LOS ANGELES - APRIL 21: Police officers from the Los Angeles Police Department Counter Surveillance Team and gang units take into custody two Bloods street gang members for the burglary and theft of two tv screens from a nearby home April 21, 2010 in the 77th Division of Los Angeles, California. Major crime figures for Los Angeles have gone down in the last two years. Los Angeles city financial cutbacks have nearly eliminated overtime payments for the LAPD gang and narcotics units forcing police officers to take unpaid leave days once their overtime ceilings are reached. (Photo by Robert Nickelsberg/Getty Images)
The claim

fact_108x60“Although rates of drug use and selling are comparable across racial lines, people of color are far more likely to be stopped, searched, arrested, prosecuted, convicted and incarcerated for drug law violations than are whites.”
Drug Policy Alliance website

An intriguing quote by a former aide to disgraced US President Richard Nixon is making headlines.

Harper’s Magazine reports a 1994 conversation with John Ehrlichman, a key White House policy adviser, in which Ehrlichman claims that the “war on drugs” Nixon declared in 1971 was rooted in racism.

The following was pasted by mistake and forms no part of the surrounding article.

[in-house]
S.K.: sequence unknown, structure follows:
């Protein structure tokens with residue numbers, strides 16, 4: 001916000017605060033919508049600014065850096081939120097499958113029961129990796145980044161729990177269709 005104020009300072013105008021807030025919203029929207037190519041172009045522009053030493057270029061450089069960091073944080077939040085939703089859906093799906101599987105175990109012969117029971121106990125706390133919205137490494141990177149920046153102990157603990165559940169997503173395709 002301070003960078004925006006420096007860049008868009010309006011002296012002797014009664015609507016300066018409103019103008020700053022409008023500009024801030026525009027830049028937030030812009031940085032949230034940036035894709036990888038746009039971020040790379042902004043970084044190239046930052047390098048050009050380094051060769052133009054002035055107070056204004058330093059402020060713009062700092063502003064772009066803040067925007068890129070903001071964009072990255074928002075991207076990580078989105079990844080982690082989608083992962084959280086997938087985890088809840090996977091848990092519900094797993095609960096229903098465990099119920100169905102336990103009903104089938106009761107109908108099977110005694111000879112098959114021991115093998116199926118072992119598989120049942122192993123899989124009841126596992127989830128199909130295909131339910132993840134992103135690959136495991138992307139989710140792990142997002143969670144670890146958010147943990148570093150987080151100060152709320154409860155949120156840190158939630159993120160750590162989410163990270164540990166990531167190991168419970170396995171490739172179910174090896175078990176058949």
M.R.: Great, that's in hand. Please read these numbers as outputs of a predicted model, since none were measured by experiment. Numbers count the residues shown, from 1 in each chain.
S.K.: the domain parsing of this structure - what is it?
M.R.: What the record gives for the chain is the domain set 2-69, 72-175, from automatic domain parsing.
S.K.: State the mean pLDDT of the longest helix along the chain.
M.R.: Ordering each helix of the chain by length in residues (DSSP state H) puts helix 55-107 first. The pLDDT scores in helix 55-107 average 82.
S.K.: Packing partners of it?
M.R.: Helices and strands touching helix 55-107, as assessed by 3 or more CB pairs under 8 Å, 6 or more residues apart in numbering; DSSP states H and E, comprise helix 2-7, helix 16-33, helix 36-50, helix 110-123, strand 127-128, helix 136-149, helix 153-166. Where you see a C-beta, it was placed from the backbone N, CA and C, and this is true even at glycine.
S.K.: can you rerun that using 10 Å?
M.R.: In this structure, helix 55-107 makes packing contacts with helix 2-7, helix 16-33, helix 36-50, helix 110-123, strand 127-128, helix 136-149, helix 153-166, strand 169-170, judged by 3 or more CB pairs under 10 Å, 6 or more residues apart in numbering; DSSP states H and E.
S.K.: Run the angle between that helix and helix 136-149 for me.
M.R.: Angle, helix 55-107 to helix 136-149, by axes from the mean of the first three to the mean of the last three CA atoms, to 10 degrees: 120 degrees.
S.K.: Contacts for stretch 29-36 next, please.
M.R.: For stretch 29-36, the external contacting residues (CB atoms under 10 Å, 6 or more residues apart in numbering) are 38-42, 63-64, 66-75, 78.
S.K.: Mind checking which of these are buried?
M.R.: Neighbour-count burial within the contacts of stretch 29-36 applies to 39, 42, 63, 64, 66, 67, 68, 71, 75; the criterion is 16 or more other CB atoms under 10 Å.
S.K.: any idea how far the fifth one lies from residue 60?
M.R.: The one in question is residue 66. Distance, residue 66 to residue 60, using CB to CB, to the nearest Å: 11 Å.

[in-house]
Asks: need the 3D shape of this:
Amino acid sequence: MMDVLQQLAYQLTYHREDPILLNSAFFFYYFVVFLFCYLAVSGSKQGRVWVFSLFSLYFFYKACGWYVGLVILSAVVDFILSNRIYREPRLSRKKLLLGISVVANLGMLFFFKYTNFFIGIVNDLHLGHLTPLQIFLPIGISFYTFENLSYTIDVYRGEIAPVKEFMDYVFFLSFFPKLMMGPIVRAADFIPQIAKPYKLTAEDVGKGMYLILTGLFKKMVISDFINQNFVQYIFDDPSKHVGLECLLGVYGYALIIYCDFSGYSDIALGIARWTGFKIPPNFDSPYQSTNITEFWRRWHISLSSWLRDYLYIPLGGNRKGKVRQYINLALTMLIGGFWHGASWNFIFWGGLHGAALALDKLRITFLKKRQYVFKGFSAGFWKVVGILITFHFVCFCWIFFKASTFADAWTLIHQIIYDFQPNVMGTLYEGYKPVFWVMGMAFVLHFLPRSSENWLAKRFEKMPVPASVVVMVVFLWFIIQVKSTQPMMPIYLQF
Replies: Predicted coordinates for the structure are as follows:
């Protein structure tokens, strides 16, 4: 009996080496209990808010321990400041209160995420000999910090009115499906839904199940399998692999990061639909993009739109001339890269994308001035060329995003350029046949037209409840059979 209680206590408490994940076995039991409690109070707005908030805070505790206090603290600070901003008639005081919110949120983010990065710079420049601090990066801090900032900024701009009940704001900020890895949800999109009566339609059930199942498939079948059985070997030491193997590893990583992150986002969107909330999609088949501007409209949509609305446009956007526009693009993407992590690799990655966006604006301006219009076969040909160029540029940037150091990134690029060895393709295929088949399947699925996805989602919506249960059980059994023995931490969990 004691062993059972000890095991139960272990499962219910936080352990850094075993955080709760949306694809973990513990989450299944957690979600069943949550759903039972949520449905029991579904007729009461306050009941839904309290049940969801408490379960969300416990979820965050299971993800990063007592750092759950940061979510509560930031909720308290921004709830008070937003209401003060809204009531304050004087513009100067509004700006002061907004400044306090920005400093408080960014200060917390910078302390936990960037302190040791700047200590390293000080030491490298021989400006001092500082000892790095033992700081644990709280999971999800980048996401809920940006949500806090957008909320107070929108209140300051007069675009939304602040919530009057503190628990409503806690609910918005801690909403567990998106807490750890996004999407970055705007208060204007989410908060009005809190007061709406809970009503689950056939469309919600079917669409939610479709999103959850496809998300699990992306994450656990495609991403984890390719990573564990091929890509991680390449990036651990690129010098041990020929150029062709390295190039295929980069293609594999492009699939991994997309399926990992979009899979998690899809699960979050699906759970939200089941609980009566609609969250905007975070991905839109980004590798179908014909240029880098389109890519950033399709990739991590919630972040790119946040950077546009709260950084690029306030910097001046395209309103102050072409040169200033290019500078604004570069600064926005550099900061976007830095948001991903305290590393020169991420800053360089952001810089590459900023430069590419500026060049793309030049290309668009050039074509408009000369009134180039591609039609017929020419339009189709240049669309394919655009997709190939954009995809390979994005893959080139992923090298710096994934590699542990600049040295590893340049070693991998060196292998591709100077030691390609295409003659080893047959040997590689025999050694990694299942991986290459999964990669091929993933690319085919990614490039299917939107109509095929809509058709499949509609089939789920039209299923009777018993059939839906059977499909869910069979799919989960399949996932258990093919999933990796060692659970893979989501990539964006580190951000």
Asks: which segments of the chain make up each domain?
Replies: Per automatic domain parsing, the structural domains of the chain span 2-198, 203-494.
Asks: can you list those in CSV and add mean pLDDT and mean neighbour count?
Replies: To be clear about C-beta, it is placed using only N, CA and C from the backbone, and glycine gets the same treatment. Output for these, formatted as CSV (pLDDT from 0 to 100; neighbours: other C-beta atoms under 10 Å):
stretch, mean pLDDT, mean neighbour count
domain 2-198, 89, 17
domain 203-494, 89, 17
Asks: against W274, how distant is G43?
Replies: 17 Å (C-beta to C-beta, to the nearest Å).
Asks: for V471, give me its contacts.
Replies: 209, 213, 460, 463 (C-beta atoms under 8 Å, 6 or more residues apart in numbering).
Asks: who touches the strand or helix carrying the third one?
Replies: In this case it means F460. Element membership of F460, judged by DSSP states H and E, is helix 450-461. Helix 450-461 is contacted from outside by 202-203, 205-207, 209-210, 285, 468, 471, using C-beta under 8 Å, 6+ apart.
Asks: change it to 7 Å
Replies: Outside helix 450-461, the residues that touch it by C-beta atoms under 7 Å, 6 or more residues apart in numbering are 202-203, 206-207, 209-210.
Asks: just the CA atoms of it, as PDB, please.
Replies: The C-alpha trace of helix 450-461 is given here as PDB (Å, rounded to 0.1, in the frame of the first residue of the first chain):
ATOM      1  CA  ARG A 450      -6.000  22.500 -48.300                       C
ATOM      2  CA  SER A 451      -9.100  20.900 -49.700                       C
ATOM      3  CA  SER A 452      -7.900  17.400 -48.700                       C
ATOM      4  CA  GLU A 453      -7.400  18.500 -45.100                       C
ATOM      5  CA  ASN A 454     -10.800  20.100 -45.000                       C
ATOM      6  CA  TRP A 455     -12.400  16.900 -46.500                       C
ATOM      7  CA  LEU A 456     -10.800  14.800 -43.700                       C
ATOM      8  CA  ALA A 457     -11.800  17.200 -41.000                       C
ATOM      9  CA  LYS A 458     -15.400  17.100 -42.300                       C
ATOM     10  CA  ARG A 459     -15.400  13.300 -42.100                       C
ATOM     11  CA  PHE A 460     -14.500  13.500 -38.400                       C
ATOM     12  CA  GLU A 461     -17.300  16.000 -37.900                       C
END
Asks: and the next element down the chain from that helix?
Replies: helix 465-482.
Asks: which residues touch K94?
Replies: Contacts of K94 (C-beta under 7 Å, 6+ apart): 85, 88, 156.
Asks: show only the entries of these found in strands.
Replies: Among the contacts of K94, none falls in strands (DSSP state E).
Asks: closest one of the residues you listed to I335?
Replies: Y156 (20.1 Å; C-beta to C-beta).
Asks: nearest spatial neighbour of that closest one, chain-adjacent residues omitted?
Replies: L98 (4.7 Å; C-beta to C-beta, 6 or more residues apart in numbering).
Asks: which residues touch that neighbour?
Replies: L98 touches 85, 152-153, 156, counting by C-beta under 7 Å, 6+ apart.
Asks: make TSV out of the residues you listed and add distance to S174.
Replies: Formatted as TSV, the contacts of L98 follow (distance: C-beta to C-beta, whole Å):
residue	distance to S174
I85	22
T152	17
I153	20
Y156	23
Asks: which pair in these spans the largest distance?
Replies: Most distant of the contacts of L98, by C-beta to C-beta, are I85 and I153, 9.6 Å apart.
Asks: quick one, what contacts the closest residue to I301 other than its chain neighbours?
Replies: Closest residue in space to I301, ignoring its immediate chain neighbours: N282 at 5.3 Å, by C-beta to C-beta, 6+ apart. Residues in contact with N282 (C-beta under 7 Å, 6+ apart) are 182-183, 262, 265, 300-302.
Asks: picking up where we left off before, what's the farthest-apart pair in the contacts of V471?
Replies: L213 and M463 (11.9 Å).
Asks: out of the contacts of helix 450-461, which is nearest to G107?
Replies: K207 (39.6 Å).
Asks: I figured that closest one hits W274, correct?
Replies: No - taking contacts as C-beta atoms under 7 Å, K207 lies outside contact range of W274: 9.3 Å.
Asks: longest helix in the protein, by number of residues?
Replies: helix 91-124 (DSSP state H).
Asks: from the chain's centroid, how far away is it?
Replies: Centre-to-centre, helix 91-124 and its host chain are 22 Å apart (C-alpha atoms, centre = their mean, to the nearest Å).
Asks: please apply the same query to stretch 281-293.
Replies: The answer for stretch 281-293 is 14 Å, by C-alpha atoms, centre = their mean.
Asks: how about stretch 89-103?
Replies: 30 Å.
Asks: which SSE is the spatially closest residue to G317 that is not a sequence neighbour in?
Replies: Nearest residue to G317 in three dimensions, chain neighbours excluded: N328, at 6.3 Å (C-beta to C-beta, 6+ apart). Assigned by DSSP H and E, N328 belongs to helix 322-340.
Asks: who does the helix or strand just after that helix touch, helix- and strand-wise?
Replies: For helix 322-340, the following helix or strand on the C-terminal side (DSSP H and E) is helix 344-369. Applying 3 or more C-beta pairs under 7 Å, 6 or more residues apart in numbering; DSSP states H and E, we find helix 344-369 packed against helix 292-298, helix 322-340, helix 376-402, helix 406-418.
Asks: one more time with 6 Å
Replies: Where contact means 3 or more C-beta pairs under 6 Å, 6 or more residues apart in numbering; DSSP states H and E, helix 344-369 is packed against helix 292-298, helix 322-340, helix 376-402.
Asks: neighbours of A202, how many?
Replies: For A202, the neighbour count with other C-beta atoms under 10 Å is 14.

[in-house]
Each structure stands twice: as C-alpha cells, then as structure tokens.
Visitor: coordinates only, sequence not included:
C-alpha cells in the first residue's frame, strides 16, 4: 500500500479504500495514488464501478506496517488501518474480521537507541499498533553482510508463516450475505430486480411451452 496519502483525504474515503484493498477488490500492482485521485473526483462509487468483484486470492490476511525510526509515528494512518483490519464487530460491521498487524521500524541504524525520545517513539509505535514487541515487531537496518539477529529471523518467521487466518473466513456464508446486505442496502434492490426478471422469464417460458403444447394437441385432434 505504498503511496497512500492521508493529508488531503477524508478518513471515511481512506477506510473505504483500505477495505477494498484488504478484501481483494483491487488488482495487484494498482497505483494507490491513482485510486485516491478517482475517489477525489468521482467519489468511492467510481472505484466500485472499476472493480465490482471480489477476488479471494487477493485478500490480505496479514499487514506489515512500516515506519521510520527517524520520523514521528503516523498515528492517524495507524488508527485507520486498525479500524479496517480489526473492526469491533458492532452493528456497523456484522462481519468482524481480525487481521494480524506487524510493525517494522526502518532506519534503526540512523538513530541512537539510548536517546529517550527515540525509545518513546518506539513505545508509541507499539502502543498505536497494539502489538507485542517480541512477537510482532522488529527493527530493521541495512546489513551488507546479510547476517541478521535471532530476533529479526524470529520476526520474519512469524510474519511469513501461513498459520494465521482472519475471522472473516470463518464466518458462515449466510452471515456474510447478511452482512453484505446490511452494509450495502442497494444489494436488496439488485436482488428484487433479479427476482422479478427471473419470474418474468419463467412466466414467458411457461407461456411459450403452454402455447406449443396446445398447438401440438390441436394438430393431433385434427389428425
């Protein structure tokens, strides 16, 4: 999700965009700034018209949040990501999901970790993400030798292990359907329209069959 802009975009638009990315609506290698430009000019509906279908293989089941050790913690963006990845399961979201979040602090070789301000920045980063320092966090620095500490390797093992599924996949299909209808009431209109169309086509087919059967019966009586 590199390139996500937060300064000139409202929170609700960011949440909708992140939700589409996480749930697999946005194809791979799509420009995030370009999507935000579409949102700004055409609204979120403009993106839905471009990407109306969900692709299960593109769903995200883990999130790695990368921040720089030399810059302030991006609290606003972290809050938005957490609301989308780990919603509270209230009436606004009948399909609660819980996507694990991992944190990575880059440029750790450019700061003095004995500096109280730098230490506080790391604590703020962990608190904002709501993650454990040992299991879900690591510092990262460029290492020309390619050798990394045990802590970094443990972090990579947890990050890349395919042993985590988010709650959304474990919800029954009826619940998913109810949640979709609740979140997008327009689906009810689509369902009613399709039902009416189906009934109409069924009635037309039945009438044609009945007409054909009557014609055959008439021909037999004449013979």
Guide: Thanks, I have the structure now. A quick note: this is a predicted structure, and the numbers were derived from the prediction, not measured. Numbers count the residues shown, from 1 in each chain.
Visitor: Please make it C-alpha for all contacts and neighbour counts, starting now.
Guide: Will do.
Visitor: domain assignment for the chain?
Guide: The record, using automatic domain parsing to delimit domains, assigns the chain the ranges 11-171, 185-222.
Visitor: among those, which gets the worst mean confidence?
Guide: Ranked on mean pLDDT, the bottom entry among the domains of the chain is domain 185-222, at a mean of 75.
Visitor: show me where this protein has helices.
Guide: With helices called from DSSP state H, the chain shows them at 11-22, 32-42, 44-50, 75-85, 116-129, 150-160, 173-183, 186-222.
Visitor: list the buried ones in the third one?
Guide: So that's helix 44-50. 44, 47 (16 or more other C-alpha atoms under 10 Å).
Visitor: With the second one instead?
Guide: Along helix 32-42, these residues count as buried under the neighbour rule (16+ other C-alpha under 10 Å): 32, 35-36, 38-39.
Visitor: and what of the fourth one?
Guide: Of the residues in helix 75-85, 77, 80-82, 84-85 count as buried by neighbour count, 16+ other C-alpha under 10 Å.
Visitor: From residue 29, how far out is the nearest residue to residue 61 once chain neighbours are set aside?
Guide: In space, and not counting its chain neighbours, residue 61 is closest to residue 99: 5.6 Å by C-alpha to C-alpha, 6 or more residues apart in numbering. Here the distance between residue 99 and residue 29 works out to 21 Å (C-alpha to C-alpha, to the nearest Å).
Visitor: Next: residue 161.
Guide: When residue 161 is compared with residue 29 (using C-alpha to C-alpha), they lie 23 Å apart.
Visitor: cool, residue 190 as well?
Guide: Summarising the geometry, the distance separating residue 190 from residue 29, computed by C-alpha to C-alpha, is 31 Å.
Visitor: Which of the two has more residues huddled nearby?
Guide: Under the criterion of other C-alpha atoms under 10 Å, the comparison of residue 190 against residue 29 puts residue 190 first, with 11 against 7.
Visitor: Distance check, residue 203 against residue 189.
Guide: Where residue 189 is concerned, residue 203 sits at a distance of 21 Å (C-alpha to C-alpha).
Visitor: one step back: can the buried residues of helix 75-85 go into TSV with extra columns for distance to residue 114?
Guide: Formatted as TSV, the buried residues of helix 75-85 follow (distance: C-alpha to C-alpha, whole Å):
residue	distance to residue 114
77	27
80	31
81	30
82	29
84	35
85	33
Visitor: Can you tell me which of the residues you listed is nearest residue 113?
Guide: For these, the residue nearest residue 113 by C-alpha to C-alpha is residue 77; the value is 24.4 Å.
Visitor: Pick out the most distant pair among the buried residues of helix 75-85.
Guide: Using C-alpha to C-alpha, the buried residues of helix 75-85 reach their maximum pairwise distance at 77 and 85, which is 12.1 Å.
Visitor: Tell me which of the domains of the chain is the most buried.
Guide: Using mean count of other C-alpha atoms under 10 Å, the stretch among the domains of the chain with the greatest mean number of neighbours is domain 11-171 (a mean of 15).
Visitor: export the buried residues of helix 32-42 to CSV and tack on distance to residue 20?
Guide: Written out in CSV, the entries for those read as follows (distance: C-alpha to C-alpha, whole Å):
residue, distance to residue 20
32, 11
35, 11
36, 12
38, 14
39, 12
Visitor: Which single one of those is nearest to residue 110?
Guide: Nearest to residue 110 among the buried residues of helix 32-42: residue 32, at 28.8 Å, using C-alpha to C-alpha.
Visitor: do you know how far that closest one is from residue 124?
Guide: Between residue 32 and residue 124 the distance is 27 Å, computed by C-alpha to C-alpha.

Ehrlichman is quoted as saying: “The Nixon campaign in 1968, and the Nixon White House after that, had two enemies: the anti-war left and black people.

“You understand what I’m saying? We knew we couldn’t make it illegal to be either against the war or black, but by getting the public to associate the hippies with marijuana and blacks with heroin. And then criminalising both heavily, we could disrupt those communities.

“We could arrest their leaders, raid their homes, break up their meetings, and vilify them night after night on the evening news. Did we know we were lying about the drugs? Of course we did.”

If accurate, the quote appears to confirm what many critics of US drug policy have long alleged – that there is a racial bias built into the way drug crime is handled by the justice system.

But what are the hard facts?